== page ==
We think shares are worth $34 per share on a discounted cash flow basis. We use a 10% discount rate for the company. As we noted recently, value investors David Tepper and John Paulson are also shareholders.

SunTrust Bank (NYSE:STI): Catching up to most major banks who repaid their bailout money in 2009, as of March 31, 2011, SunTrust Bank has paid back the $4.85 billion the government gave them in 2008. At last trade, the current stock price was $29.21, a bit below the 50-day moving average of 29.64 but above the 200-day moving average of 27.81. SunTrust’s forward P/E is 12.48 and current forward dividend yield is 0.10%.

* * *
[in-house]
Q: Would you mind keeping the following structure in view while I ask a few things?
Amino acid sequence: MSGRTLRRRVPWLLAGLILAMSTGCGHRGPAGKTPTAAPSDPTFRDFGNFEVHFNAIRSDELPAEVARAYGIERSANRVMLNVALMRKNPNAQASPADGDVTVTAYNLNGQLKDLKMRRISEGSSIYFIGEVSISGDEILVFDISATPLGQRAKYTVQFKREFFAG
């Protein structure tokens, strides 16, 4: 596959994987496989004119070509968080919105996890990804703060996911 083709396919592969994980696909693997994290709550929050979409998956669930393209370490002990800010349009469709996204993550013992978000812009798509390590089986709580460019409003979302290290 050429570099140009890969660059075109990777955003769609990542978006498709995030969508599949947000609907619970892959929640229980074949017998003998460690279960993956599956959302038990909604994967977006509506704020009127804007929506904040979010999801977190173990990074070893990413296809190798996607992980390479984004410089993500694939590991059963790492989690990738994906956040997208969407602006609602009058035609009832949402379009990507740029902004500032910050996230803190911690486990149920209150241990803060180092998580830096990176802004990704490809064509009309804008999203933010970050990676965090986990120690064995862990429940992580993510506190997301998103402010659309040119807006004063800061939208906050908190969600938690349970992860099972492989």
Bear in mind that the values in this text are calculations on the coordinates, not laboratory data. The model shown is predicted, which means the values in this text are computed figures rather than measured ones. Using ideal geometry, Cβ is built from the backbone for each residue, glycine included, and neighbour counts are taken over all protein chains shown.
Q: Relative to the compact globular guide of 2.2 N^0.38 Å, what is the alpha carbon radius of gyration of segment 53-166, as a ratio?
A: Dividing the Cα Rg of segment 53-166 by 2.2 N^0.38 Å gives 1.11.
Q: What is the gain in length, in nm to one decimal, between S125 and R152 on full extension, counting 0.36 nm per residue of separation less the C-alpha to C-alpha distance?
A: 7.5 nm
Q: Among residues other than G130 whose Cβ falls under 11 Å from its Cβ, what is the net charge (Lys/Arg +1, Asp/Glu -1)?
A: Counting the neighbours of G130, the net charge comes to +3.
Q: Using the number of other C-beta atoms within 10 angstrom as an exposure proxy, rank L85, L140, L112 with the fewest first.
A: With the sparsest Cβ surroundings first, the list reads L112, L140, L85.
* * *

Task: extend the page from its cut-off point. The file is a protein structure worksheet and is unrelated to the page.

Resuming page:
Analysts expect SunTrust to be able to make dividend increases in the second or third quarter of 2011.

JP Morgan Chase (NYSE:JPM): Also authorized by the Federal Reserve to boost its dividend, JP Morgan Chase has raised its dividend to $0.25 a share, a $0.20 increase. The bank also authorized a stock buyback of $15 billion. Almost $8 billion of that buyback should occur this year.

JP Morgan is also reportedly currently in talks with the SEC to settle regarding its CDO sales leading up to the financial crisis. With a current stock price of $46.80, JP Morgan is trading near its 52-week high of $48.36 reached on February 16, 2011, and above both its 50- and 200-day moving averages ($46.01 and $42.27, respectively). This is another bank looking well on the rebound. As we wrote about here, JPM is one of our favorite banks outdoing its peers.